Jordan Sees Bobcats as Playoff Team
Michael Jordan, in his first season as the Charlotte Bobcats' owner, realizes his team has weaknesses and could be a little less talented now that at the end of last season when it made the first playoff appearance in franchise history. Yet even though the Bobcats were swept in the first round by the Orlando Magic, Jordan believes the core of Gerald Wallace, Stephen Jackson, Boris Diaw and Tyrus Thomas benefited from the experience. Jordan also feels the Bobcats can get back to the playoffs because of the continuity Larry Brown provides in his third season as coach.
"We've never had a core for training camp where they all work together, eat together, think together. And then they go out actually playing together, knowing what each other is thinking," Jordan told the Charlotte Observer. "That's why I think we're a better team. Maybe I'm wrong, but I think we're a better team because of that."
The Bobcats' roster has been in a state of flux ever since Brown arrived. They have made nine trades that have involved 27 players during his tenure. However, Jordan foresees more stability and believes Wallace and Jackson could set a standard much like he and Scottie Pippen did for the Bulls' championship teams.
"I love our leadership and that matters," Jordan said. "If me and Scottie were willing to work that hard, then everybody else was going to work that hard. And we got better fast. That's a major ingredient for winning."
Contraction Not an Option in Sacramento
Commissioner David Stern recently said the NBA has been hurt by the major economic crunch hammering the United States. In fact, he even suggested that the league might be forced to contract some teams.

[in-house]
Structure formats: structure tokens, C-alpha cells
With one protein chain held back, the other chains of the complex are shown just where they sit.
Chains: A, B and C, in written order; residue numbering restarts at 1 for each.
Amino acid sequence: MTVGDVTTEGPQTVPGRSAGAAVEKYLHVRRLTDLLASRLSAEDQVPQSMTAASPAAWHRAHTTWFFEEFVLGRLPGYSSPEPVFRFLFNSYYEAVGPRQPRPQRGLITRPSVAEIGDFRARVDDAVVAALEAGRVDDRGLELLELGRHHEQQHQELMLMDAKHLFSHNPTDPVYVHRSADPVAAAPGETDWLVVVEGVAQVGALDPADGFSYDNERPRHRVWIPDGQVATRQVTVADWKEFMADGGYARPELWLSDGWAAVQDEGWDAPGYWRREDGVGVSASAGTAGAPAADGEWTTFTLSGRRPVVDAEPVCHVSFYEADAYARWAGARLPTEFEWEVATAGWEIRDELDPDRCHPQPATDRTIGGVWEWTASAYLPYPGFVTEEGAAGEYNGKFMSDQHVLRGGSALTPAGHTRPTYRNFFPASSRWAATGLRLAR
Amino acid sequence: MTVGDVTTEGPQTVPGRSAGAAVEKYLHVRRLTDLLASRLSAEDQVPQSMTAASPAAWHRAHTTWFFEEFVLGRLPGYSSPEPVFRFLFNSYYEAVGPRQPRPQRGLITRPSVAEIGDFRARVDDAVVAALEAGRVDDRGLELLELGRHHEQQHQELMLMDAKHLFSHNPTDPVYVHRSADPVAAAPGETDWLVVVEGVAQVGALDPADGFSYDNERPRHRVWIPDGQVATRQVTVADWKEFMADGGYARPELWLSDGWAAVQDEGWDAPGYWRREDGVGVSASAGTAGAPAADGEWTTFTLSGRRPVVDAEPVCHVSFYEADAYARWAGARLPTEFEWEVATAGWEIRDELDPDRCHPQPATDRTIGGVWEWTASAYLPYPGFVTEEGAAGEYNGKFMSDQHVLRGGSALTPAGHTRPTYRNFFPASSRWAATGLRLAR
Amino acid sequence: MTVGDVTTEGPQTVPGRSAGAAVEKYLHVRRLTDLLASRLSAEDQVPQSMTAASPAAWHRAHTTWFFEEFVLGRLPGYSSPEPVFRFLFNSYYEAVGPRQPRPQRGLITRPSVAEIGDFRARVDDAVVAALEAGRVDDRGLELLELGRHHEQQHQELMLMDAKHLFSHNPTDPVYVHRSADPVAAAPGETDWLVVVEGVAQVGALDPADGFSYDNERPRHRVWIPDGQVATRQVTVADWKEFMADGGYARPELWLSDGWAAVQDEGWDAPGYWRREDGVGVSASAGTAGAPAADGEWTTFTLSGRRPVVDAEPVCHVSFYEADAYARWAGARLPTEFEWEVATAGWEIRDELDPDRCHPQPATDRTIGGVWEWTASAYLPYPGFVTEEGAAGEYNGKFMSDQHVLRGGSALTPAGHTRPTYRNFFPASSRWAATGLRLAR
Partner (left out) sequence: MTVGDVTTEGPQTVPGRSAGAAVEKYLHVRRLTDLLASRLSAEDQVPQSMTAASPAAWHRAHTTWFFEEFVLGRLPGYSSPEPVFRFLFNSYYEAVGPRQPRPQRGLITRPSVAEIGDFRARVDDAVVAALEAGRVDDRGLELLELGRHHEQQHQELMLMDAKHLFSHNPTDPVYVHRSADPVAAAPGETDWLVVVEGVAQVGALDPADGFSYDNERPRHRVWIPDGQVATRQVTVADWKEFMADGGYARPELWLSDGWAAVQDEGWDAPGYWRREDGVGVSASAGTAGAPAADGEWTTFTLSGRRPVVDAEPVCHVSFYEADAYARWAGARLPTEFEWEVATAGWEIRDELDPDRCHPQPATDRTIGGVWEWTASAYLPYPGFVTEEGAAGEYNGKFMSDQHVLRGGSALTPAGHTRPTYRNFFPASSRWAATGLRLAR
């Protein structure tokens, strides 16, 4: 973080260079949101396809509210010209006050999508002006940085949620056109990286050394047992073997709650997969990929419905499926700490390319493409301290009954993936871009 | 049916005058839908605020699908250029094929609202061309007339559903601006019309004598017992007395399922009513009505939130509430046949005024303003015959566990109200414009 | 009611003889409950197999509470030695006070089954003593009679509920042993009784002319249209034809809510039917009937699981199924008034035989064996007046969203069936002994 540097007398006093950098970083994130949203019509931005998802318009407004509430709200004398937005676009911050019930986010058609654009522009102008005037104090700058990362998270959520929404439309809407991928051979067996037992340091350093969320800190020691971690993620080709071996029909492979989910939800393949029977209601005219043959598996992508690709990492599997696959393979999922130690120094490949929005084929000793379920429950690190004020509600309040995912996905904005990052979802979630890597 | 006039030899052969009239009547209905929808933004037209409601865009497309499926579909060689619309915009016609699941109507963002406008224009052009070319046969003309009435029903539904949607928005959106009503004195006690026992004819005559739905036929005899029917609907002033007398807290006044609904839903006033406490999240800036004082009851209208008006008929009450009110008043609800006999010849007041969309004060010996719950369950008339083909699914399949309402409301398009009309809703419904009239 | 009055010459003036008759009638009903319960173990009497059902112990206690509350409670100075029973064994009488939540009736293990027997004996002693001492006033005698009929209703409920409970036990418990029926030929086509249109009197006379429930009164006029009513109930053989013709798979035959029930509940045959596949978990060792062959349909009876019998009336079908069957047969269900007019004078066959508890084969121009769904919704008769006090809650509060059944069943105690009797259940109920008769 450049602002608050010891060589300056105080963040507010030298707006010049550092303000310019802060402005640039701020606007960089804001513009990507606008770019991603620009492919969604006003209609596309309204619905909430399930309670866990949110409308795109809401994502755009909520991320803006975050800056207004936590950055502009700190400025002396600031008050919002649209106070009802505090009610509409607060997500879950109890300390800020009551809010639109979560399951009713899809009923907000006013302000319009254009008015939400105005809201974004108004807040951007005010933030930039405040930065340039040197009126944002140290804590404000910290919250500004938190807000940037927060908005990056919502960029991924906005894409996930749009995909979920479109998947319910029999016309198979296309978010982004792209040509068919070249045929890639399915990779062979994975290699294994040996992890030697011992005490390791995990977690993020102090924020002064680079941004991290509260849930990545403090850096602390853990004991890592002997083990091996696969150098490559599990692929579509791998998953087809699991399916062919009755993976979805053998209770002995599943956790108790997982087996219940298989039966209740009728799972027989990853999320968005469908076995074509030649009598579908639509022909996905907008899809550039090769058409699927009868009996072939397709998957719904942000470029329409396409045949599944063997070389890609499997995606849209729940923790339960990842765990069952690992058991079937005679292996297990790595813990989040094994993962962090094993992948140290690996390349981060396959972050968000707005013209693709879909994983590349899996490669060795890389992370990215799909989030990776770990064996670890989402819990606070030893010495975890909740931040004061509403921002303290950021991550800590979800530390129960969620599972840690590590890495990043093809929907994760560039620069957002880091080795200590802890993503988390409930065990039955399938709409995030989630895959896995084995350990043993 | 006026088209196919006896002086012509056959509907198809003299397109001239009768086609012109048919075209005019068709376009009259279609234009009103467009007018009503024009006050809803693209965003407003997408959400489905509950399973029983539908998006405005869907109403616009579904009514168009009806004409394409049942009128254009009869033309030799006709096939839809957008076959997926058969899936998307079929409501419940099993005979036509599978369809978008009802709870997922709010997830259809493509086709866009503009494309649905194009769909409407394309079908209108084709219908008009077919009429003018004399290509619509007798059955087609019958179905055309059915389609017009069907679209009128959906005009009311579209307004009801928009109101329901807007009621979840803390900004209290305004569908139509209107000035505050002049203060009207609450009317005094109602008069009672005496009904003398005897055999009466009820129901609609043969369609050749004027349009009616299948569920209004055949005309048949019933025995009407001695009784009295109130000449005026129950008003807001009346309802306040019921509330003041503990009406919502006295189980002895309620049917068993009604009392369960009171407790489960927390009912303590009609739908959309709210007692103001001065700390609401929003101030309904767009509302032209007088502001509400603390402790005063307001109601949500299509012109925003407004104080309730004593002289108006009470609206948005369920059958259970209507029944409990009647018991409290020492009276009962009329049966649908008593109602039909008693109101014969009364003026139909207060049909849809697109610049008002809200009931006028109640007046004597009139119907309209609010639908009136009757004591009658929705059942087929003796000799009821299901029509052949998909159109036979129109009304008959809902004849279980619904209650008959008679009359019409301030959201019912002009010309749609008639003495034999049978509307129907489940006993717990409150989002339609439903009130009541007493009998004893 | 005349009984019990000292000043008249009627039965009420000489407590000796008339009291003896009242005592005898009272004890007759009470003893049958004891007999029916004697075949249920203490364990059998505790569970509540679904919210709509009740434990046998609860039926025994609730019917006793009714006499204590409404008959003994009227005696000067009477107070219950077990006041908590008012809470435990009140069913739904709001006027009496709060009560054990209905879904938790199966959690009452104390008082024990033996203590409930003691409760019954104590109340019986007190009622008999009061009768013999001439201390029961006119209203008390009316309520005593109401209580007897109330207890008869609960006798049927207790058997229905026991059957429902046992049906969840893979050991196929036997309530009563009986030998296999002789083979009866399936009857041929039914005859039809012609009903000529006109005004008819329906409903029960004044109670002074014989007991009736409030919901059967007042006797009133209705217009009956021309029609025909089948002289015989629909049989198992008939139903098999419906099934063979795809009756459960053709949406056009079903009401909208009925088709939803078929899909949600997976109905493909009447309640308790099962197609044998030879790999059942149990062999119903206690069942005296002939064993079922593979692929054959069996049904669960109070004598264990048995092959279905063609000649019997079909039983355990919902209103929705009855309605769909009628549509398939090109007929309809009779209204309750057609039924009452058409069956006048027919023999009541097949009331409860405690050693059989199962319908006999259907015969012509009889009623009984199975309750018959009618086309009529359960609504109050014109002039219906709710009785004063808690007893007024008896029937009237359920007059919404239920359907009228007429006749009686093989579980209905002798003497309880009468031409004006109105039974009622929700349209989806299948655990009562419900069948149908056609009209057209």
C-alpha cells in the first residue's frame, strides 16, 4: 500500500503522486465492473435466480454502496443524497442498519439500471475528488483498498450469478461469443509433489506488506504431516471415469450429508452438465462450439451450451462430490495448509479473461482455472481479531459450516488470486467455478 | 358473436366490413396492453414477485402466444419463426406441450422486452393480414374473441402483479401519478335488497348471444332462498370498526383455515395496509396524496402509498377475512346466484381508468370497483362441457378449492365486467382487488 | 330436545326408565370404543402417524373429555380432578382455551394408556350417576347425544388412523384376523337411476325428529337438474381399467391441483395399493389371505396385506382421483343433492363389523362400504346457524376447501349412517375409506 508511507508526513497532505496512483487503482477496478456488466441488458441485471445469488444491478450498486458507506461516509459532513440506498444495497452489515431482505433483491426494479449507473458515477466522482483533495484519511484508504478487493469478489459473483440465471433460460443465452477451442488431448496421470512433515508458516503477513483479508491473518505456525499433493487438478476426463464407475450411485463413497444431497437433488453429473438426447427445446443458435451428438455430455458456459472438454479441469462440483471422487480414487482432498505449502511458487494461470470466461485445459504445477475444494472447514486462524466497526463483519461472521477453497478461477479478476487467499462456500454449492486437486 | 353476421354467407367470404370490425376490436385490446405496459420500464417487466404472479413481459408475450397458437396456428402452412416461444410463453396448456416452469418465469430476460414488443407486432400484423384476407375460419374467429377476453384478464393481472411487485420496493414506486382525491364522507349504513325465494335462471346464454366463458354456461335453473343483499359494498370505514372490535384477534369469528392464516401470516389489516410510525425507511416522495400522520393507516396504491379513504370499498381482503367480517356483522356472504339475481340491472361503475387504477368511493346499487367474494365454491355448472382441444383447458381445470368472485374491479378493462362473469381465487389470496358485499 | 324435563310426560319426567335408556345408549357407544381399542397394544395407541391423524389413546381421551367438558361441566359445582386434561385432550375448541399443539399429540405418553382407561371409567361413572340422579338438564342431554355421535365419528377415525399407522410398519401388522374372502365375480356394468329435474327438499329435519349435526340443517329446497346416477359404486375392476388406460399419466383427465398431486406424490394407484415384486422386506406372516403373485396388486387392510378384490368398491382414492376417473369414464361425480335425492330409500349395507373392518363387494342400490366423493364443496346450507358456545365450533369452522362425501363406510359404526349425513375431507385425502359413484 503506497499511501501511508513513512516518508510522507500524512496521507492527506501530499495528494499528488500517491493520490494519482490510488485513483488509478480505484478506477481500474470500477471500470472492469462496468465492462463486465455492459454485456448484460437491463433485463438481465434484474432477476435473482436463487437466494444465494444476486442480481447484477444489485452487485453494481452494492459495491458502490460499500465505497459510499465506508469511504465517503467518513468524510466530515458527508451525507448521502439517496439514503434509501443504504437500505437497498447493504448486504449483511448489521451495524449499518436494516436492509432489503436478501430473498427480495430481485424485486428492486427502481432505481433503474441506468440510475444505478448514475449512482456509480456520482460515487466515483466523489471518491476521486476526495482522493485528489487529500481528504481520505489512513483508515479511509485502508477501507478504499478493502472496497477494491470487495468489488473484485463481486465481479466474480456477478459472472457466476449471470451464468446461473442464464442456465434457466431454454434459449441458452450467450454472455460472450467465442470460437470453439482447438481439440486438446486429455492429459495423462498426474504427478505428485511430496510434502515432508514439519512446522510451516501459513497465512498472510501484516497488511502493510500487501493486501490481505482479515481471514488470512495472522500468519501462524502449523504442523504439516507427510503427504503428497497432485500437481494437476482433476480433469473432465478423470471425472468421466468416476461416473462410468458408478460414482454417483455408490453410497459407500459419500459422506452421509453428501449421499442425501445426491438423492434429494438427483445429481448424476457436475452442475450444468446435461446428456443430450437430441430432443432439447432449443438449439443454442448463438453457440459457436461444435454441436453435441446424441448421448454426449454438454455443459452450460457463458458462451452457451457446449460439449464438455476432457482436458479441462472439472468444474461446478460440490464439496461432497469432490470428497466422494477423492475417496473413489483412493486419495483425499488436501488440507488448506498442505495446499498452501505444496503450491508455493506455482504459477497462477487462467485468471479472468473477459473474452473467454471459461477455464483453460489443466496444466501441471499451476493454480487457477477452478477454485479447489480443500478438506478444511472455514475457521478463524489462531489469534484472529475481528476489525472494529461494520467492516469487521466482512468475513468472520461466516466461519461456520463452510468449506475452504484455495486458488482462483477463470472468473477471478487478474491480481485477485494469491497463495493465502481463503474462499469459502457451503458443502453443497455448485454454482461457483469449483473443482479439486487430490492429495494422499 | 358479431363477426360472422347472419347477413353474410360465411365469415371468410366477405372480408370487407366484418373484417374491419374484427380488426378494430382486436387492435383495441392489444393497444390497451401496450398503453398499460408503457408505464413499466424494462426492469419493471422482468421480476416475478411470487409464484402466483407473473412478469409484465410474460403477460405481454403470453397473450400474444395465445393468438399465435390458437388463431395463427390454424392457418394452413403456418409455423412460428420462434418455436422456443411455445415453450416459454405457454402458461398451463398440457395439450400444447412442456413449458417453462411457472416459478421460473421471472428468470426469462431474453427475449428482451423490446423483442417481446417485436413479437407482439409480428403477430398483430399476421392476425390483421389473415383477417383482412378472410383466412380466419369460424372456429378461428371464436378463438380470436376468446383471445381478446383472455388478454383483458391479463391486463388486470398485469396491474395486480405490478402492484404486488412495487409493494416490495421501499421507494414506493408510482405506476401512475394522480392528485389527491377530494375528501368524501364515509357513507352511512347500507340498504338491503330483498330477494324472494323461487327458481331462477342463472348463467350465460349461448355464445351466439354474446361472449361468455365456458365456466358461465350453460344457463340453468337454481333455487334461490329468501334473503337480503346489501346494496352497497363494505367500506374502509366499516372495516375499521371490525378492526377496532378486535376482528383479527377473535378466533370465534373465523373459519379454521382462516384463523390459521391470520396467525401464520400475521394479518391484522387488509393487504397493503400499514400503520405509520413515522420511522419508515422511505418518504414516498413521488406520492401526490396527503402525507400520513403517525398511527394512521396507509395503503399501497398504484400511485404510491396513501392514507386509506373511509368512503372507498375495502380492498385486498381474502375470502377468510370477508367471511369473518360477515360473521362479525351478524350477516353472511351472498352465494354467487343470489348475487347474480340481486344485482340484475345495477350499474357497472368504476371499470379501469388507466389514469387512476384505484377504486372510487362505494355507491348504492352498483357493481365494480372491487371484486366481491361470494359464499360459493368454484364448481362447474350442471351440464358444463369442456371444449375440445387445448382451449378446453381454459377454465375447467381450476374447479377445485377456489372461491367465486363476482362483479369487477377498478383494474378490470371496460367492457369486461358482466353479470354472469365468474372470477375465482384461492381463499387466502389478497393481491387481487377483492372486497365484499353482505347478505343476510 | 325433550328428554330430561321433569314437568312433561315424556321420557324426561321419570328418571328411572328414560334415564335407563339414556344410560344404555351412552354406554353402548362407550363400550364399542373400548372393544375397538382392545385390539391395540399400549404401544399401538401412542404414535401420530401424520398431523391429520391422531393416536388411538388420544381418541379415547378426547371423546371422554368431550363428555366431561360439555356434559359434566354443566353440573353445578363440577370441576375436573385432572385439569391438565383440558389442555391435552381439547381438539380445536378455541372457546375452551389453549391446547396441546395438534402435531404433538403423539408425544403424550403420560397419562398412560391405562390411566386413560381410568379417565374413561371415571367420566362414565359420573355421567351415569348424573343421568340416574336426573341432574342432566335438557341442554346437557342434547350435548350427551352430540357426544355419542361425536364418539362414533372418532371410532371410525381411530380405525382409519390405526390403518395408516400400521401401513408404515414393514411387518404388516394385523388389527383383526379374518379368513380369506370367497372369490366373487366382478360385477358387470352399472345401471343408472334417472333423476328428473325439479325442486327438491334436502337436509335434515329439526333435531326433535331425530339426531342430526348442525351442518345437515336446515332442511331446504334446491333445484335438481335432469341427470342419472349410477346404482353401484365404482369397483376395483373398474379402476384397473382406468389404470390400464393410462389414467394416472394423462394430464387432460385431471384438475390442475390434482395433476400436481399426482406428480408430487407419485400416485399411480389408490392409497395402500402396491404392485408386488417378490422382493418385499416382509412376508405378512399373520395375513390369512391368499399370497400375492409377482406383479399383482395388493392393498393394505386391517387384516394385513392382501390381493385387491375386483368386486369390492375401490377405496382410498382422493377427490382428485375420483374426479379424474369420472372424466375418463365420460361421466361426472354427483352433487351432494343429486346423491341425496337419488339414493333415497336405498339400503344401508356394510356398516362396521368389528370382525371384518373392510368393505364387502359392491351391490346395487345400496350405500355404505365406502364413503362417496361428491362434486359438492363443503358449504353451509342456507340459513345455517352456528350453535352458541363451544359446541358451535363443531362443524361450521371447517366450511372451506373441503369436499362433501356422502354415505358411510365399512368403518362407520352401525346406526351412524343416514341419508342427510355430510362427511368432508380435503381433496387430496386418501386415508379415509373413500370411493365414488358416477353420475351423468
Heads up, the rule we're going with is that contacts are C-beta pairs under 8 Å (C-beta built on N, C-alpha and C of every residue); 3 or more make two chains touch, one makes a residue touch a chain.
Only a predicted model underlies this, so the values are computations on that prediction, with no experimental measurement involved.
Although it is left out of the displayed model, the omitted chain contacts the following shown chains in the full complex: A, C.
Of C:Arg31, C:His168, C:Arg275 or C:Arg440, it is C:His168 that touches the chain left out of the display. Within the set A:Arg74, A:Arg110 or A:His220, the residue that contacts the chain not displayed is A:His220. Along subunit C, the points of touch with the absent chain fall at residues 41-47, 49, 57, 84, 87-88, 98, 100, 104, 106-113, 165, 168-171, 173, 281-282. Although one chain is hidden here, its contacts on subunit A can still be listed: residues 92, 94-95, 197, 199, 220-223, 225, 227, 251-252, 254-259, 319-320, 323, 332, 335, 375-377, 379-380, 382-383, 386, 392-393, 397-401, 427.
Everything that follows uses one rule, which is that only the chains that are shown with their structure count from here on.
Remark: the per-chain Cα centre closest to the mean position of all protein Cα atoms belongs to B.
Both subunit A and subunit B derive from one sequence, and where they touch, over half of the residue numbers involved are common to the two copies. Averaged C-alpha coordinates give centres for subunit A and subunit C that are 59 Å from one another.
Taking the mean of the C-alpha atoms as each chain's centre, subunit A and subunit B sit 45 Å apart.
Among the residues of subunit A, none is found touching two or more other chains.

The Sacramento Kings would seemingly be right at the top of the contraction list. Stern used them as an example, reminding that he and the NBA have pulled out of any new-arena efforts in the region. The Kings have been at the bottom of the league in attendance in recent years and play in antiquated Arco Arena.
"My optimism on there being a new building has faded completely," Stern said. "We really tried hard, the Maloofs spent a good deal of money and frankly, it wasn't meant to be. I don't have any more good ideas. Where we flow on that, right now we have a season to worry about, and I know that the Maloofs are spending their time feeling really good about their Rookie of the Year last year (Tyreke Evans), their draft choice this year (DeMarcus Cousins), their coach (Paul Westphal) and the general makeup of their team."
Co-owner Gavin Maloof, though, insists the Kings aren't going anywhere, saying, "We're not contracting. That's not going to happen. No way we'll fold—and no way we're selling."
Indiana Short-handed without Rush
Brandon Rush is serving a five-game suspension for failing the NBA's drug test three times. Thus, the Indiana Pacers are forced to dress 11 players for each game.
While the Pacers aren't complaining about losing Rush, they feel it is unfair that they have to be down a player. In fact, coach Jim O'Brien believes the NBA should change the rule as far as how teams are penalized when a player is suspended.
"I understand them suspending the player and withholding his wages for five games," O'Brien said. "The nature of the situation is that we're not informed a player has failed the drug test the first or second time and we're not told he has a problem. Then they turn around and penalize a franchise. I don't understand where that comes from, frankly. If we were the ones drug testing and we were the ones that knew and were responsible to get him back on track after the first one, I understand that, but I can't follow this."
Rush can travel and practice with the team but is not allowed to attend games. He is scheduled to return November 9 against Denver.
John Perrotto is an author of Basketball Prospectus.